Gatwick

London Gatwick is proposing to bring its existing Northern Runway into regular use alongside its Main Runway. This is a plan which will support a significant uplift in trade and tourism

 

The Northern Runway project is set to bring industry-related employment and economic benefits to the region and wider country, with the potential to attract more overseas visitors to London and the South East, and facilitate greater import-export activities.

A report by Oxford Economics suggests that this could result in the creation of an additional 35,500 jobs as a result of increased imports, and an extra 28,700 jobs through higher levels of inbound tourism.

Trade Opportunities

The development of the Northern Runway is set to more than double the airport’s cargo capacity. If London Gatwick’s plans are approved, the forecast 382,000 annual Air Traffic Movements (ATMs) by 2038 will provide increased opportunities for cargo transportation.

Many of the additional slots will target long-haul services, enabling greater volumes of ‘belly cargo’ to be carried by wide-bodied aircraft between key international markets, including the USA, Middle East, and Asia.

The volume of imports handled by London Gatwick is forecast to increase to around 161,500 tonnes in 2038, over twice the amount handled in 2019.

It would also bring job opportunities across the airport and along the air-freight supply chain in sectors including logistics, warehousing and transportation. The Oxford Economics report highlights that if the Northern Runway comes into routine use, trade-facilitated employment across the UK would reach 167,500 jobs by 2038. This is 35,500 more jobs than without the development.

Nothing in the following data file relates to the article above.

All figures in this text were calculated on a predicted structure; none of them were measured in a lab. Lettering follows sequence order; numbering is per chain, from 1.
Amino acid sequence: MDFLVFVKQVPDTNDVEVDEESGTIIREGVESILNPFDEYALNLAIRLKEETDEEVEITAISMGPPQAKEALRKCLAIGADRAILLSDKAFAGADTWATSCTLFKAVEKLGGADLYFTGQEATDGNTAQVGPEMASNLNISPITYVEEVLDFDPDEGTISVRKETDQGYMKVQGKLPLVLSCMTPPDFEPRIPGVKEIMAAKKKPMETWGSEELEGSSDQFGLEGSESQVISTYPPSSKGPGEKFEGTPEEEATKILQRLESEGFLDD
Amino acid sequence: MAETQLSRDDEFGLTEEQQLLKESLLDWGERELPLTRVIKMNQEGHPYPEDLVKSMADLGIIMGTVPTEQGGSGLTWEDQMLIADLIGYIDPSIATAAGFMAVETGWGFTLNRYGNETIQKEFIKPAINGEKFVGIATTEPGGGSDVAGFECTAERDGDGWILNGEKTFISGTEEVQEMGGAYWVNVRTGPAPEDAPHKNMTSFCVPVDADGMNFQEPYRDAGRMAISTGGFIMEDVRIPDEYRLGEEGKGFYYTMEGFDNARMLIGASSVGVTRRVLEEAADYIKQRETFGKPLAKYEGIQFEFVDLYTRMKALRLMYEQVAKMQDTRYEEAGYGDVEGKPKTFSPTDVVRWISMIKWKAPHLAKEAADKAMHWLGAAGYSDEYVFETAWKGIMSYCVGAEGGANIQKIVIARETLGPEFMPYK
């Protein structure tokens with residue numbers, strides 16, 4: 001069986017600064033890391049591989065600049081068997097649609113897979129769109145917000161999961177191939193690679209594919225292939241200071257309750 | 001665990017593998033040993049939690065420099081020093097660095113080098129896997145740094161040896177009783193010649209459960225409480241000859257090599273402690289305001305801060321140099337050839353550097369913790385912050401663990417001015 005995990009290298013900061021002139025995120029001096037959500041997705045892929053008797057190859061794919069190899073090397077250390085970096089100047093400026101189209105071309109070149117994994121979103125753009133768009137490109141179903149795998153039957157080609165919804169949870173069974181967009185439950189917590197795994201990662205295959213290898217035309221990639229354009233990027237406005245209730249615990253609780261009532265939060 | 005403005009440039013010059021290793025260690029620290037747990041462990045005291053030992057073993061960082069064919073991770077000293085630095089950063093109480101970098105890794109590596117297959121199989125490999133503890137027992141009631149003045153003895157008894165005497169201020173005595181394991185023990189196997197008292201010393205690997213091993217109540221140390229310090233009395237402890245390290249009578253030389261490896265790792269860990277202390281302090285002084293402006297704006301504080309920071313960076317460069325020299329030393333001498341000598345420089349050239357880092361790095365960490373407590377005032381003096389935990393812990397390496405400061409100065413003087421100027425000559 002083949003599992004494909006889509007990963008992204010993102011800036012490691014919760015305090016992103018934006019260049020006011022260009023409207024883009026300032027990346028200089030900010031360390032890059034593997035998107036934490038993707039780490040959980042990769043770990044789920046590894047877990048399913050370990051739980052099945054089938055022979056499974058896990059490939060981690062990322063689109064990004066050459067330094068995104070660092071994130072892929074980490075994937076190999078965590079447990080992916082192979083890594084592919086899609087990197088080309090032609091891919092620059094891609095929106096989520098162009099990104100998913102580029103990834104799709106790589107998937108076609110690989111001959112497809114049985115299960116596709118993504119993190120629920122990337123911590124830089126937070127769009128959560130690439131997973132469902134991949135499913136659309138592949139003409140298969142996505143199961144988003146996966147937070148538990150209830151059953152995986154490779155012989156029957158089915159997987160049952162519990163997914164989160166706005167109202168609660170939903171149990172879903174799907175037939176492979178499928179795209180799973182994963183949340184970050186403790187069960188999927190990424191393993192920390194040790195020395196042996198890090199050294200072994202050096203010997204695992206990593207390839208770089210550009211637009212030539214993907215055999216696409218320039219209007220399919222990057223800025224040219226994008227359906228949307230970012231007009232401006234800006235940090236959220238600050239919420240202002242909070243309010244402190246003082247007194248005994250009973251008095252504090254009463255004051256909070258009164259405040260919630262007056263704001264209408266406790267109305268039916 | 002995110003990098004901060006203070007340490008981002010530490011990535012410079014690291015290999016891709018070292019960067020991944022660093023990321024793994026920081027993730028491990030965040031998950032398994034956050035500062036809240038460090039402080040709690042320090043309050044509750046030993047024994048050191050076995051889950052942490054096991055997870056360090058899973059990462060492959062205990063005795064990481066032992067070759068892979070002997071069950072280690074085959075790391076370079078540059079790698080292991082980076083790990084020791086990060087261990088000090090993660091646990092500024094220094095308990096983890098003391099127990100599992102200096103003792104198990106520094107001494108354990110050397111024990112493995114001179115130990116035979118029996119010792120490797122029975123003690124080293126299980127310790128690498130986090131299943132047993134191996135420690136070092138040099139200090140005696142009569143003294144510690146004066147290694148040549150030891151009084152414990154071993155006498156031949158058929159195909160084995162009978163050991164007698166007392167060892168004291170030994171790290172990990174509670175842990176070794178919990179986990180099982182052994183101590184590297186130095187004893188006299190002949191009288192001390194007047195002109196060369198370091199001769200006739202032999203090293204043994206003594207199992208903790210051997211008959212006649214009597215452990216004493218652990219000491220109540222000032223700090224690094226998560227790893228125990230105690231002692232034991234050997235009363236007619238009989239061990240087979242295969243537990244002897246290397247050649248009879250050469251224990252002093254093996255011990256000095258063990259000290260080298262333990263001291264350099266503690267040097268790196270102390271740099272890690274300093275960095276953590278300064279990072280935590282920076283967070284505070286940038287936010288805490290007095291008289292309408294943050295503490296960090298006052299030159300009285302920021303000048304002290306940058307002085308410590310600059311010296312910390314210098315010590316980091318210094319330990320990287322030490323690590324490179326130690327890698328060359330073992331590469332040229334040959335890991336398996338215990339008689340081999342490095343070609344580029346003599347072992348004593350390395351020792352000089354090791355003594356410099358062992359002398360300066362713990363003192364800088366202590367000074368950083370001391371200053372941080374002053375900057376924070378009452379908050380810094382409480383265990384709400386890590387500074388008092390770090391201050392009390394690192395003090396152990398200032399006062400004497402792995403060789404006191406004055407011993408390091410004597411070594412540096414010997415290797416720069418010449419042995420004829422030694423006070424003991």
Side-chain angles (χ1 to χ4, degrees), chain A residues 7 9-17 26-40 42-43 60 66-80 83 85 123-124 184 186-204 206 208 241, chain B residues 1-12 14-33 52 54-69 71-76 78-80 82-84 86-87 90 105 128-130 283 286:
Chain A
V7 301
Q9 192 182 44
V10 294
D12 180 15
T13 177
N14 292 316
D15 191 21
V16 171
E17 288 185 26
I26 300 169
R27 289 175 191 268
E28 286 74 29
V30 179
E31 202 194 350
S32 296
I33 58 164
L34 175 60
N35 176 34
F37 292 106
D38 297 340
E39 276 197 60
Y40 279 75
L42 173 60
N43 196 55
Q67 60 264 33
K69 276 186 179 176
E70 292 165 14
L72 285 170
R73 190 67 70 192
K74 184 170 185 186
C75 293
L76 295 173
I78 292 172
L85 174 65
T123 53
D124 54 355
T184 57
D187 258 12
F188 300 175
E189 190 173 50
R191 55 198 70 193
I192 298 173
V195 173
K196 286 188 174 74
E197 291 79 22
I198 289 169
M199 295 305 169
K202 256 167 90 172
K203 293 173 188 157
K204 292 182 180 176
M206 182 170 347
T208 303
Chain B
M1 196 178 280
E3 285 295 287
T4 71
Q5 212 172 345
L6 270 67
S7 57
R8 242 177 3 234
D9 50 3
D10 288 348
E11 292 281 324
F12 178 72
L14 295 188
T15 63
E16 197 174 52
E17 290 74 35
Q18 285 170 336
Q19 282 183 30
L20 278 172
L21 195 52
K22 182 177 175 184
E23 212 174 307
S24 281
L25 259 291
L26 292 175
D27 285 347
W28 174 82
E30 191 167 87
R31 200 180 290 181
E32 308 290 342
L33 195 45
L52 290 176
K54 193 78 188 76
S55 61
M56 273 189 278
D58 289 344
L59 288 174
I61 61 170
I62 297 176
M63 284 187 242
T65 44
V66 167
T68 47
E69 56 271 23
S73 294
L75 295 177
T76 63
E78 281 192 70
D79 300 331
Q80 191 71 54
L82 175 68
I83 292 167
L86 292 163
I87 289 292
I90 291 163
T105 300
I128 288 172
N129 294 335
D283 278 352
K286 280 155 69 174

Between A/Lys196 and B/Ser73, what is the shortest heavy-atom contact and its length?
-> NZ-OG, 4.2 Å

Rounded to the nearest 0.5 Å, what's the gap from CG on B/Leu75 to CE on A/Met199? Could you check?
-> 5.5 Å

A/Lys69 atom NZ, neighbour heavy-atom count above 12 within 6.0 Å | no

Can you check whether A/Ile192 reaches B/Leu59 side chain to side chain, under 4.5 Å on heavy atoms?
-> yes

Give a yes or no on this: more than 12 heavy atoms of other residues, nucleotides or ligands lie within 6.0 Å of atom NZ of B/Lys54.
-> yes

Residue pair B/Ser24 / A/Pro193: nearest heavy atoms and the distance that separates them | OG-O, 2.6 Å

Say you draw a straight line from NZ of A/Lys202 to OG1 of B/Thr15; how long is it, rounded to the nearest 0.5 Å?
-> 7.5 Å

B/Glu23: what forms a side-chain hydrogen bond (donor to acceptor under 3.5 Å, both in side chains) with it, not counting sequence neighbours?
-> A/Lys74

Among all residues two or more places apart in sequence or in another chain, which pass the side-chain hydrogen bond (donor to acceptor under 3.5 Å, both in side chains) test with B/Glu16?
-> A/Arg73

The increased productivity of businesses trading globally through London Gatwick is expected to contribute significantly to regional and national economic growth. The surge in imports alone is forecast to add a Gross Value Added (GVA) of £9.8 billion to UK economy by 2038 – more than twice the value in 2019 and £2.1 billionngreater than without the Northern Runway development.

Jonathan Pollard, London Gatwick’s Chief Commercial Officer, said: “London Gatwick already makes a significant contribution to the local, regional, and national economies, through direct and indirect jobs, tourism, and global trade opportunities.